BERLIN (Reuters) - When director Brigitte Bertele shot her film about a traumatized German soldier returning from Afghanistan, she did not think its release would coincide with a heated debate about the deployment of further troops abroad.
Bertele’s “Nacht vor Augen” (Night before Eyes) is set to engage viewers just as Chancellor Angela Merkel’s government is under pressure from its NATO partners to send more troops to dangerous parts of Afghanistan.
“It seemed like irony of fate,” Bertele, 33, said of the timing, adding she hoped the film would open people’s eyes about the implications of a deployment that German politicians have often played down as a limited humanitarian relief mission.
The film shows 25-year old David returning to his village in the Black Forest, where his friends jokingly receive him as “Rocky Kabul” and his girlfriend Kirsten proudly presents their newly refurbished apartment to him.
“All paid for with your danger money!” Kirsten exclaims.
But instead of showing interest in the new furniture — or his girlfriend — David locks himself in the bathroom.
The blonde, muscular soldier is haunted by nightmares. But he struggles to share memories of his combat experience with friends and family who treat his time in the war zone like an exotic holiday.
“Why are you carrying a weapon?” David’s mother exclaims as she glances over his Afghanistan pictures. “It’s compulsory,” her son says, as his young half-brother Benni watches him admiringly.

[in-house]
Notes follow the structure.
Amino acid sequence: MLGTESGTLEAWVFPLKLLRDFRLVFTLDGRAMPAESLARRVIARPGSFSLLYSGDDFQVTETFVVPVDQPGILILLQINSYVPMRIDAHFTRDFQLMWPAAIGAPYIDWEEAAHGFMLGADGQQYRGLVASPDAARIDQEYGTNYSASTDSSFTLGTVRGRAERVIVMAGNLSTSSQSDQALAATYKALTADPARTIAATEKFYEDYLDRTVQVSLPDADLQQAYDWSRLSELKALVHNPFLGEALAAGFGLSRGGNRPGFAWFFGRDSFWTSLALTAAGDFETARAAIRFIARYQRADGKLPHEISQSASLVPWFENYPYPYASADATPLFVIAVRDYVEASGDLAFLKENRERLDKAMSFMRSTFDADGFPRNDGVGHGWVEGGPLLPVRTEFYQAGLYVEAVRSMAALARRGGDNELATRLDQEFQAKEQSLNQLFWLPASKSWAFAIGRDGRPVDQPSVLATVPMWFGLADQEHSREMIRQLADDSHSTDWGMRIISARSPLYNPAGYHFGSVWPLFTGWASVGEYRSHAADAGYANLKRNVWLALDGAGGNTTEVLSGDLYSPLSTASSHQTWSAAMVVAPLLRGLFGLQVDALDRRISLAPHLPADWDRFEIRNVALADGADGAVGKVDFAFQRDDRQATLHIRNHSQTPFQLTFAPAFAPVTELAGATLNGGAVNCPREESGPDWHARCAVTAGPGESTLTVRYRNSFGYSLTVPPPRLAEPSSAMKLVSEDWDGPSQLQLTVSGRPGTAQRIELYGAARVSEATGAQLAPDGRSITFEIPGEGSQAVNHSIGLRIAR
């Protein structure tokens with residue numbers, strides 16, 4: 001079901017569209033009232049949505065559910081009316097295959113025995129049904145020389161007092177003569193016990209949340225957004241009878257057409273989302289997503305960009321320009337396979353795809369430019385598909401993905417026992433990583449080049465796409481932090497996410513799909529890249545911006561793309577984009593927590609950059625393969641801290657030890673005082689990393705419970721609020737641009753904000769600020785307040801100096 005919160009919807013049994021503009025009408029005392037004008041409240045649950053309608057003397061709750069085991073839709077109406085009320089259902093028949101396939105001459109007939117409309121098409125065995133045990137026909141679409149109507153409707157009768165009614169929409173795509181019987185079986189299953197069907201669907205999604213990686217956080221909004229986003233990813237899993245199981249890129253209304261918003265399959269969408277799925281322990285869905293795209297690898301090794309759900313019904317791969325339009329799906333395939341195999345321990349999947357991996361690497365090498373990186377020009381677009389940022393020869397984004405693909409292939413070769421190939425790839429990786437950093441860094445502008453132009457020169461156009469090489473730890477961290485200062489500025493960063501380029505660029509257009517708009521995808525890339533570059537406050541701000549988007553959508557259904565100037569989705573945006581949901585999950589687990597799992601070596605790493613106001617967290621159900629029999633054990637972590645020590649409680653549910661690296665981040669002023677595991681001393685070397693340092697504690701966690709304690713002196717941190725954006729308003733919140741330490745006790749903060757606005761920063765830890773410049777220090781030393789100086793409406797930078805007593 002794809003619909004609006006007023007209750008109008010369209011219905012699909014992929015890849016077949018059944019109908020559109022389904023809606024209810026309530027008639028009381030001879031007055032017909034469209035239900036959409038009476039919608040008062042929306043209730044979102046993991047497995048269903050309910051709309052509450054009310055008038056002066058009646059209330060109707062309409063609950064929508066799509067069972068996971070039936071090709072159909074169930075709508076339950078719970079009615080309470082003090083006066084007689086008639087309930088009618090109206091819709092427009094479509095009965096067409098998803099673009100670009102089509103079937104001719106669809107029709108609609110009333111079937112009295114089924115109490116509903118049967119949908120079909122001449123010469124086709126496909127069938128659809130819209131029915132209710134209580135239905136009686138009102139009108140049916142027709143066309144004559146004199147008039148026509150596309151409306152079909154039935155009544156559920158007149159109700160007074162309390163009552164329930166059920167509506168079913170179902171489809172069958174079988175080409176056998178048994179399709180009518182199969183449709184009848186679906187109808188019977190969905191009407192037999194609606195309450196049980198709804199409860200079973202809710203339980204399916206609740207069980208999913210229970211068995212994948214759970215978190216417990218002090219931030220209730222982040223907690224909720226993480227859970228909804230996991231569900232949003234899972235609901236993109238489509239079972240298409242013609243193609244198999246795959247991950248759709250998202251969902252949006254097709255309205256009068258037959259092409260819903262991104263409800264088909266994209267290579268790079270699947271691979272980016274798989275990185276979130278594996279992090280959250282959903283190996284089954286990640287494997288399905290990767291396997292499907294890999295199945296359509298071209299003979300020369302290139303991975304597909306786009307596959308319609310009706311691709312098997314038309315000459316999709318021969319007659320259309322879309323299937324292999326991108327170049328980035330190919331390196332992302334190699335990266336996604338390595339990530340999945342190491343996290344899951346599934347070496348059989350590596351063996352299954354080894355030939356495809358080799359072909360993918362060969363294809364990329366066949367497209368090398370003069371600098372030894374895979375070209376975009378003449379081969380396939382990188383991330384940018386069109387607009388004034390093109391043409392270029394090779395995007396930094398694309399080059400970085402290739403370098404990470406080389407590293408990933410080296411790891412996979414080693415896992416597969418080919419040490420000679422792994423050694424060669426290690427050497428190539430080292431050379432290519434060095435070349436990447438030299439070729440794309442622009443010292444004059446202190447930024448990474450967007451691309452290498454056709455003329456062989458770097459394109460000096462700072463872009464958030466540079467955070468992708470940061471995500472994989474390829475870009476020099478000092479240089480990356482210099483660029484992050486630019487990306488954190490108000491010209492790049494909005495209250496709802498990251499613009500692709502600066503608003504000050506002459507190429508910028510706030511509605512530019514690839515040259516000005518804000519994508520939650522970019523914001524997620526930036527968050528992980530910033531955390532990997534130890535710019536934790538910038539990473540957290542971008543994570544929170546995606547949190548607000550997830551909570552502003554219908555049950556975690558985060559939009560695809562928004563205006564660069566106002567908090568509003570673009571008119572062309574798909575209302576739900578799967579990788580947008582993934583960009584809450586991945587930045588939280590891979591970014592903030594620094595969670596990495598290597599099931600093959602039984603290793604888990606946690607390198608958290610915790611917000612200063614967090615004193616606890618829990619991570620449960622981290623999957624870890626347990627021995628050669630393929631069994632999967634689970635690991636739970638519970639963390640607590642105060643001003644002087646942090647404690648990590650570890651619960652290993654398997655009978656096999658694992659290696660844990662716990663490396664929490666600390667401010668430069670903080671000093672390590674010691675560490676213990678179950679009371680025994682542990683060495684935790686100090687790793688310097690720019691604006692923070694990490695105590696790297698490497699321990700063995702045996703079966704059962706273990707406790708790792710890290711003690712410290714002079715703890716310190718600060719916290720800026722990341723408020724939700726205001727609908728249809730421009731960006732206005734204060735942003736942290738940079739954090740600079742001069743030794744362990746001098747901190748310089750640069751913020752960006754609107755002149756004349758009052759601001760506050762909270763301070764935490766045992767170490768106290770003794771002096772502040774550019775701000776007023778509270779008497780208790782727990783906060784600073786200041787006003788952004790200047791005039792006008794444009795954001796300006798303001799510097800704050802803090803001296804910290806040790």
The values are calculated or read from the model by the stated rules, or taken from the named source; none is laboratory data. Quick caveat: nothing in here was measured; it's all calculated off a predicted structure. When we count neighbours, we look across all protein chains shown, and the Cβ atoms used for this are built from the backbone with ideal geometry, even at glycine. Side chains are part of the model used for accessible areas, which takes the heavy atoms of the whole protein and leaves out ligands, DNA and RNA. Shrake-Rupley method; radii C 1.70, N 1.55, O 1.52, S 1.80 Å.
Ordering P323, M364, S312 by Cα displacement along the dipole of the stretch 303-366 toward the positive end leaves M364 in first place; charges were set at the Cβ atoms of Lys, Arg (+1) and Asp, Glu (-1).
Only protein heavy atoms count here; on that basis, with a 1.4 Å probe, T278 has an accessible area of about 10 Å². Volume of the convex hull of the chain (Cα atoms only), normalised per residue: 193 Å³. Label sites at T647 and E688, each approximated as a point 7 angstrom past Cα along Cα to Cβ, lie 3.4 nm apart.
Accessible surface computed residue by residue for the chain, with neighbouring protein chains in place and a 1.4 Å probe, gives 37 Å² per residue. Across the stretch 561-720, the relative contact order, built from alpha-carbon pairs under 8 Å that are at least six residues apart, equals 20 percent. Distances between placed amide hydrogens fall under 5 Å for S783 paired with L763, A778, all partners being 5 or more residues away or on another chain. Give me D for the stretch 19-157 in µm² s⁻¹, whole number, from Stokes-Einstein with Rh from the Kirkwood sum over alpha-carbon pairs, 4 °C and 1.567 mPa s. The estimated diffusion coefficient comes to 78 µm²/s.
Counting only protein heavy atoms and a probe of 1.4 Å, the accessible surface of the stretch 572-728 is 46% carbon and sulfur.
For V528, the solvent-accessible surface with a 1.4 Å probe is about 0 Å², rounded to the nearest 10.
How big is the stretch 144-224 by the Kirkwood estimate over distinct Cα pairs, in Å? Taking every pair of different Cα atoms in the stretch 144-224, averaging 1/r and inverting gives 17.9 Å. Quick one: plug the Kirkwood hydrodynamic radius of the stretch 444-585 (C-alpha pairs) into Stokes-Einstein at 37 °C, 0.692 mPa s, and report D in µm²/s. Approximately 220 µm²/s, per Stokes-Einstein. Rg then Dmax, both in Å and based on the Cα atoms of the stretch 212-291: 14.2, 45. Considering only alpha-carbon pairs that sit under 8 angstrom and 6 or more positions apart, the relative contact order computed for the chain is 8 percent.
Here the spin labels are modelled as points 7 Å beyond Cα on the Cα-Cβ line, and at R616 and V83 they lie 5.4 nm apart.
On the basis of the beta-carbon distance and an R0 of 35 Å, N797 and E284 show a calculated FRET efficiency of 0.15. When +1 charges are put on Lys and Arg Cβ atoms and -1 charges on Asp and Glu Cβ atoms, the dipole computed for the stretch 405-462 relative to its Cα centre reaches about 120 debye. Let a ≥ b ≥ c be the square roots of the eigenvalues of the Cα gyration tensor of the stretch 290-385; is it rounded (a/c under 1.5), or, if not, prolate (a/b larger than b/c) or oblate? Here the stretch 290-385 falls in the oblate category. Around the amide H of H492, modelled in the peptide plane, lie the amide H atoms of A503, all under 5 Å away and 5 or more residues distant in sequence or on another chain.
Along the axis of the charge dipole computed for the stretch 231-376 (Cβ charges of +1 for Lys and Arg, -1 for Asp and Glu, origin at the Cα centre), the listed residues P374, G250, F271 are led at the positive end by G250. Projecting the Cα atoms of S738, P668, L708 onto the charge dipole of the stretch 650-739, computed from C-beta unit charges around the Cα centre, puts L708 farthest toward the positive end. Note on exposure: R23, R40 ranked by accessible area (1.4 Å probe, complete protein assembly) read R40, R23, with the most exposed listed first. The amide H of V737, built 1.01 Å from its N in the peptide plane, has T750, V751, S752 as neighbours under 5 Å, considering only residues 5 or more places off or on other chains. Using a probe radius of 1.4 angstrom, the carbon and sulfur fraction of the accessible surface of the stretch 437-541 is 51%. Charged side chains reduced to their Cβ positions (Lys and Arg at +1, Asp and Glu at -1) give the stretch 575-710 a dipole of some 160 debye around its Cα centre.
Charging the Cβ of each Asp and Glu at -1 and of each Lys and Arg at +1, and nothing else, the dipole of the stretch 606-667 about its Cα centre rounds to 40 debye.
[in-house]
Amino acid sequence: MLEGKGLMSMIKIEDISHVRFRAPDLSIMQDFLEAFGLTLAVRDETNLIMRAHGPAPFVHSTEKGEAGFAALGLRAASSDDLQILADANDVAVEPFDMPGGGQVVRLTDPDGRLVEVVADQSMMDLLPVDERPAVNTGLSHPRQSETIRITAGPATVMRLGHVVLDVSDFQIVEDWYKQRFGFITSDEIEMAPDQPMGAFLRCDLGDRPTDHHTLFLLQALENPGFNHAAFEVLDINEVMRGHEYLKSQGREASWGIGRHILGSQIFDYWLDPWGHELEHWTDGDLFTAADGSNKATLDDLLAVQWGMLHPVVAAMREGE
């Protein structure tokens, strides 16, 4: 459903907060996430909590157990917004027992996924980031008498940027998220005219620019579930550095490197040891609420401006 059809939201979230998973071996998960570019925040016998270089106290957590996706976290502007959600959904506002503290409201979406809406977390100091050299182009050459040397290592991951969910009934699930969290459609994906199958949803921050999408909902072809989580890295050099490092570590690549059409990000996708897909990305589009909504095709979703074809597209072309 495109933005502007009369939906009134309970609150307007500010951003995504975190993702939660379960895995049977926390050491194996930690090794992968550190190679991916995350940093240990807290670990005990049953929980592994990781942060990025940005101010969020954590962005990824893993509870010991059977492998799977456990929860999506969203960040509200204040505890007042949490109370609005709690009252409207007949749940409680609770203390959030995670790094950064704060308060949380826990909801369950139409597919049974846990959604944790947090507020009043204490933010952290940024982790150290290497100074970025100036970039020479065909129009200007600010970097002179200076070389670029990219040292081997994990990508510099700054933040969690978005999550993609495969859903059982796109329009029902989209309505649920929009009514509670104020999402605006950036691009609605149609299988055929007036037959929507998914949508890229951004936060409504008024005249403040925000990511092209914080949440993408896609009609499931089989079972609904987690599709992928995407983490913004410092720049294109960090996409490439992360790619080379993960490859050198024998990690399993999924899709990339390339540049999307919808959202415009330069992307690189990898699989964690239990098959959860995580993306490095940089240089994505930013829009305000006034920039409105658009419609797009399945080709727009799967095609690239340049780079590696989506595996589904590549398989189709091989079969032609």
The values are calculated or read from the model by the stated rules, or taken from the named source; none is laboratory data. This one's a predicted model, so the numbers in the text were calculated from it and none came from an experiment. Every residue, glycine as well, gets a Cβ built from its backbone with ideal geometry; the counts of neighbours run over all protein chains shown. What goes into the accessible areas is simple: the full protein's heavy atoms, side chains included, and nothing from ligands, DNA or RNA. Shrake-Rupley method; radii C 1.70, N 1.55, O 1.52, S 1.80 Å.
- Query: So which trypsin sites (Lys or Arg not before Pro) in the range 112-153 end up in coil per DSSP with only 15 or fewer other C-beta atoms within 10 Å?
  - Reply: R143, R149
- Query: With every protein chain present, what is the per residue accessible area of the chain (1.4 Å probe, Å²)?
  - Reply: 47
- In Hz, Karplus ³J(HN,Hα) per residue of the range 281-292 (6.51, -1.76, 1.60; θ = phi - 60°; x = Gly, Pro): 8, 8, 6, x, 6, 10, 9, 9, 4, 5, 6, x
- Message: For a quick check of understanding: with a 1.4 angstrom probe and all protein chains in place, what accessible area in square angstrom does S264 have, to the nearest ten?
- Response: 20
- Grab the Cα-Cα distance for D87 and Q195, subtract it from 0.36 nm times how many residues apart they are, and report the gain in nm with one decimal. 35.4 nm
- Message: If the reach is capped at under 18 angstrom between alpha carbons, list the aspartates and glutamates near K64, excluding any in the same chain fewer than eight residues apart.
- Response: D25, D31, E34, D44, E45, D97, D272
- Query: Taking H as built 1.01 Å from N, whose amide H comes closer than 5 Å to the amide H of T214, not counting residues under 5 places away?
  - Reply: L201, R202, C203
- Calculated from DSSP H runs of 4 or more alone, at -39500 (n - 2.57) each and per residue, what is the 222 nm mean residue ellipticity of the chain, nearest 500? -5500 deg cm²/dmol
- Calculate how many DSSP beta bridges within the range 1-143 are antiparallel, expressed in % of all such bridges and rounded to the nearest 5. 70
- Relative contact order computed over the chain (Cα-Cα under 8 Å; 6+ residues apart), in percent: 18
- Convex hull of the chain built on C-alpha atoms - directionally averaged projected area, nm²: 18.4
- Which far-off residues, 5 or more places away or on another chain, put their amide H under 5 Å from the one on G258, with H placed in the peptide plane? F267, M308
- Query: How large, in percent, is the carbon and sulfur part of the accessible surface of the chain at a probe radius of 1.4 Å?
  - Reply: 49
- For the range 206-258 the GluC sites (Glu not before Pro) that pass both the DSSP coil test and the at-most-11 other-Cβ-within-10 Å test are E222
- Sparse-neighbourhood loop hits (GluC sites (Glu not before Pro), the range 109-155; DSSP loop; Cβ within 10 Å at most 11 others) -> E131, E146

“He didn’t really fight, did he?” David’s mother asks her husband. “No, he was building peace,” he replies.
Many politicians have been careful not to portray the Afghan deployment as a combat mission, aware that images of Germans fighting abroad still stir unease among many people mindful of the horrors of World War Two.
But Bertele said this stance was problematic.
“Since 1945, it’s been clear that Germany would not participate in war activities again,” she told Reuters. “But I think we must also be careful not to make this a taboo issue.”
“If Germany decides to send troops abroad, then we must also talk about aspects linked to a possible use of force ... (Afghanistan) is being presented as a reconstruction mission, but there’s huge psychological pressure attached to being in an area where you may fear for your life every day.”
As David is training his admiring half-brother how to become a better soccer player and a tougher boy, he realizes he cannot shrug off the demons that are slowly taking over his life.
“Have you ever been scared?” Ben asks the older brother, who local media have dubbed “the hero from the Black Forest” but who has become a secret bed-wetter.
“Not since the age of six,” David boasts, before admitting quietly: “And in Afghanistan, sometimes.”
Editing by Catherine Evans